MONTGOMERY, Ala. – Today the Alabama Senate passed ambitious conservative reforms focused on defending unborn children, protecting taxpayers, reforming prisons, restructuring the payday lending industry, and protecting the Second Amendment rights of Alabamians. Senate Republicans also overrode Governor Robert Bentley’s veto of the Legislature’s General Fund budget.
“It was a good day for the Senate. We were able to pass a General Fund budget that did not raise taxes or raid the Education Trust Fund and we were able to approve meaningful conservative reforms,” Senate Pro Tem Del Marsh (R-Anniston) said. “I want to commend the members of the body for their diligent work and their commitment to a business-as-usual attitude that allowed us to pass a number of important bills.”
Before last week’s spring break, Governor Bentley vetoed the Legislature’s General Fund budget, arguing the Legislature should have increased Medicaid’s funding by an additional $85 million.
The Legislature quickly and overwhelmingly overrode the Governor’s veto, achieving final passage of a budget that avoids new taxes and asks most state agencies to make small, manageable cuts. The Legislature’s budget increases funding for the state’s National Guard units and the Department of Public Health.
Senate Republicans also took a dramatic step to protect the Second Amendment rights of Alabamians with Senate Bill 14, sponsored by Senator Gerald Allen (R-Tuscaloosa). Under this legislation, Alabamians would not need a gun license to carry firearms in their personal vehicles. This extension of the Castle Doctrine makes it easier for persons to protect themselves and their property.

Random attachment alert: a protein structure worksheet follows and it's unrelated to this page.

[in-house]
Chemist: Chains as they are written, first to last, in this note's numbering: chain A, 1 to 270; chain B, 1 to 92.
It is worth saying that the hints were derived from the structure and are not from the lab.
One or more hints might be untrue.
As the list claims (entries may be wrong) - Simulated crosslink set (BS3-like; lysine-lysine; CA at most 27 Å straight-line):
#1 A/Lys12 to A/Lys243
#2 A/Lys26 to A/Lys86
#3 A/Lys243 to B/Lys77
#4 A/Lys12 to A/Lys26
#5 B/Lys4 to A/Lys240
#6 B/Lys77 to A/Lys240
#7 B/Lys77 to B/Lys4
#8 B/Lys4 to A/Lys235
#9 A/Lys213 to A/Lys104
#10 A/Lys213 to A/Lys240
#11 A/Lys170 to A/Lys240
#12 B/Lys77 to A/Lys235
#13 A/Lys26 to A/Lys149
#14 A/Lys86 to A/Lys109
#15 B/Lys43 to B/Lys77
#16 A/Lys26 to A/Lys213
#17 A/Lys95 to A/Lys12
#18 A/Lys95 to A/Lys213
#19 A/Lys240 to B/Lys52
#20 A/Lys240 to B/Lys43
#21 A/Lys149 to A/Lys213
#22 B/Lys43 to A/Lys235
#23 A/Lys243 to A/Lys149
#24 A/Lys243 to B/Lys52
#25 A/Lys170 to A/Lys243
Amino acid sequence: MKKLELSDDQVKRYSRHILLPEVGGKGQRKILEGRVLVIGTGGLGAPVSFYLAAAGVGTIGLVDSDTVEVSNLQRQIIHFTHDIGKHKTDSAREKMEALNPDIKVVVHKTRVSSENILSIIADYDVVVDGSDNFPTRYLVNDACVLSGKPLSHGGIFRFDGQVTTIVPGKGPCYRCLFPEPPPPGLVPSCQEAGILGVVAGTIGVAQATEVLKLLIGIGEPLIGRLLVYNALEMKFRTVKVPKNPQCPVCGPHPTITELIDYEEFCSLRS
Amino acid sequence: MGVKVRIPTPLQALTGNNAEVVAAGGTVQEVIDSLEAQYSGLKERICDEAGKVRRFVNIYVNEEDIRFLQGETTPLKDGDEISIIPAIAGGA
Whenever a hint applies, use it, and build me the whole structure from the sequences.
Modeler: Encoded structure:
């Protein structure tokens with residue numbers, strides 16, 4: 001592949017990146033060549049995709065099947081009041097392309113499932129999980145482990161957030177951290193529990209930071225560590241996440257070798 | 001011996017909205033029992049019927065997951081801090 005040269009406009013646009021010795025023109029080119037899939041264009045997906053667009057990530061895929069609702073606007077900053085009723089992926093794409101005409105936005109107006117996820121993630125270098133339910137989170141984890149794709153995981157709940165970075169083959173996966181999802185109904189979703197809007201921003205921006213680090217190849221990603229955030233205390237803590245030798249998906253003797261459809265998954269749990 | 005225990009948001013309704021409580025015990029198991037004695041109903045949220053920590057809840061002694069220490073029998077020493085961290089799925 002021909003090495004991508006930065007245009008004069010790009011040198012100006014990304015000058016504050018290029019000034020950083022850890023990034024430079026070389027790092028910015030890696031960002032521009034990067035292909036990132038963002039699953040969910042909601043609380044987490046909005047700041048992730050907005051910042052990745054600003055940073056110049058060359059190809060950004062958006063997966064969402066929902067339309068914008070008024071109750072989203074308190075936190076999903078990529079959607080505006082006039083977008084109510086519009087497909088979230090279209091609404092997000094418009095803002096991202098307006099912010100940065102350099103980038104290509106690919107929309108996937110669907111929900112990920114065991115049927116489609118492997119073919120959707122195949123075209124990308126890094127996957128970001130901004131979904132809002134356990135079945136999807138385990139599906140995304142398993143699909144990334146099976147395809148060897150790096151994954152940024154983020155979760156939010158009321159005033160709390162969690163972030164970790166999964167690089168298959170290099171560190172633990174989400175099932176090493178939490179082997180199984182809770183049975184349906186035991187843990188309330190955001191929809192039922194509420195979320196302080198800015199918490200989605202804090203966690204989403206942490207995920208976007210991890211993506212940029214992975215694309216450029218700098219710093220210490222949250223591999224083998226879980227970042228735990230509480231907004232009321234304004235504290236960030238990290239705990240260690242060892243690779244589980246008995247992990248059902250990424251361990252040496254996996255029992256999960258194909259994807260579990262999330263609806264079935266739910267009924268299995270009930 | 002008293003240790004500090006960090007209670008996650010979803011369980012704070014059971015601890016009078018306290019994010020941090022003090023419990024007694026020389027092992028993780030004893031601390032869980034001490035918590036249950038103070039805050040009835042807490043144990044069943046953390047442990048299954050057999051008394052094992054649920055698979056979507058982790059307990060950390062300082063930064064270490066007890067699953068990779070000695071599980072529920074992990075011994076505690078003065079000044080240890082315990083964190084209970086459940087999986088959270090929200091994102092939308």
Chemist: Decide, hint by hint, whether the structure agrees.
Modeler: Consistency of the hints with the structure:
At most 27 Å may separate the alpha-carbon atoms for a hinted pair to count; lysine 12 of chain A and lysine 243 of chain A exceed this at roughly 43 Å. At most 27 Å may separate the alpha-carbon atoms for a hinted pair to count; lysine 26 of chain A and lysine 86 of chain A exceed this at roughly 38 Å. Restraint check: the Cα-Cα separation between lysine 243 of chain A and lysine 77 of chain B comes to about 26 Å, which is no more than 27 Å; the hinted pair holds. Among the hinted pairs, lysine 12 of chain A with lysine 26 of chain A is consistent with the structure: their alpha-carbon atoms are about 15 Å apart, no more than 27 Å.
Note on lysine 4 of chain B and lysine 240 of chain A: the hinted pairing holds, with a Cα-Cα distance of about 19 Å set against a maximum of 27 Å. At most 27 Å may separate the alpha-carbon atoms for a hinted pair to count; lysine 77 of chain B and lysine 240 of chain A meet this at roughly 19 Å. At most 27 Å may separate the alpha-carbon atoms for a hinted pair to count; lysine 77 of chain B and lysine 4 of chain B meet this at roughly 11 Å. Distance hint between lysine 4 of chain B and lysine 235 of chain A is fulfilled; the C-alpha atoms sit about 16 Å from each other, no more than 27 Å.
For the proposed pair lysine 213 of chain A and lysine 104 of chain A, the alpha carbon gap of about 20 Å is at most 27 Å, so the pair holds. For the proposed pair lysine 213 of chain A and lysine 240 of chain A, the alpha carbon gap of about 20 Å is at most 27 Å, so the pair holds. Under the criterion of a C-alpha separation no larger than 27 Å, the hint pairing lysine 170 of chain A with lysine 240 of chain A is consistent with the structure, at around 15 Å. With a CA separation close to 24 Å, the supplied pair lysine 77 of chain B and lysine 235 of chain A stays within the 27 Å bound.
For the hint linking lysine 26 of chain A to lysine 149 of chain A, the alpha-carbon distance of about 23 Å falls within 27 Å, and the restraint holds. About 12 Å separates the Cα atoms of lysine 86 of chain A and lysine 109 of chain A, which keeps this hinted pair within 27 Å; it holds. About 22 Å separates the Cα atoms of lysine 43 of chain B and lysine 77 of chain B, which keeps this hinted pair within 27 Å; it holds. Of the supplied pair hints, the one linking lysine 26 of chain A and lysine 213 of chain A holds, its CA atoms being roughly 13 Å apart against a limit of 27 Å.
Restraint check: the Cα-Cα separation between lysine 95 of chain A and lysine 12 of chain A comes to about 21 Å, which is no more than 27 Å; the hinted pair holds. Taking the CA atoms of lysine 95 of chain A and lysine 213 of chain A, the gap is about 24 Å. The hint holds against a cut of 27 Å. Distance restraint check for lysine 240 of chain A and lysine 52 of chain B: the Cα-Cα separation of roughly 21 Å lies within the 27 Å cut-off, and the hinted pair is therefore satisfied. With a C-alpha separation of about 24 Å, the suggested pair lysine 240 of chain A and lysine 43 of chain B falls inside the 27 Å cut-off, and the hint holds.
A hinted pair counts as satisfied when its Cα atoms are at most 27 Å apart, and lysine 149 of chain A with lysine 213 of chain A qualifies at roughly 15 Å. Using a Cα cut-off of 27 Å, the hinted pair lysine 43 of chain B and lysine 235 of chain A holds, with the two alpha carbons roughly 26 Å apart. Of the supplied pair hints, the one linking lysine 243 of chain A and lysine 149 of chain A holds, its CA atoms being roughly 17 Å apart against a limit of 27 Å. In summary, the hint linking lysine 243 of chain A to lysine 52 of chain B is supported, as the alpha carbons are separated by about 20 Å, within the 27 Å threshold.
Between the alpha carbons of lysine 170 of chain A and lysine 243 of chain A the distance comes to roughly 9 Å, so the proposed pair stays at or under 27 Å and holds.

“We are laser-focused on passing conservative legislation that will save taxpayers money and protect the constitutional liberties of Alabama’s citizens,” Senate Majority Leader Greg Reed (R-Jasper) said. “There are a lot of political distractions in Alabama right now, but Senate Republicans remain committed to passing conservative reforms to move the state in a positive direction.”
The Unborn Infants Dignity Act by Senator Bill Hightower (R-Mobile) and Representative April Weaver (R-Brierfield) prohibits the sale of unborn infant body parts, ensuring that Alabama continues to lead the way in promoting a culture of life.
The Senate also reformed the payday lending industry by requiring lenders to extend loan repayment periods to six months. Senate Bill 91, sponsored by Senator Arthur Orr (R-Decatur), also requires that lenders begin to accept loan repayment via installments.
Alabama’s dangerously antiquated prison system would get a dramatic upgrade with the Prison Transformation Initiative Act, sponsored by Senator Trip Pittman (R-Montrose). The plan would replace over a dozen of the oldest prisons in Alabama with four modern facilities. The construction of the new prisons is projected to save taxpayers millions of dollars over the coming decade and will make the state’s correctional facilities safer for prison officers and inmates.
“The legislative package passed today by Alabama Senate Republicans comprise some of the most ambitious and impactful conservative proposals put forth this legislative session,” concluded Senator Jabo Waggoner (R-Vestavia Hills).
Led by President Pro Tem Del Marsh, the Alabama Senate Republican Caucus is comprised of 26 of the 35 state senators. Its members have a wide variety of professional experience and include doctors, teachers, and businessmen. They are committed to serving the public in a way that makes Alabama the best place to own a business, raise a family, make a living, and spend retirement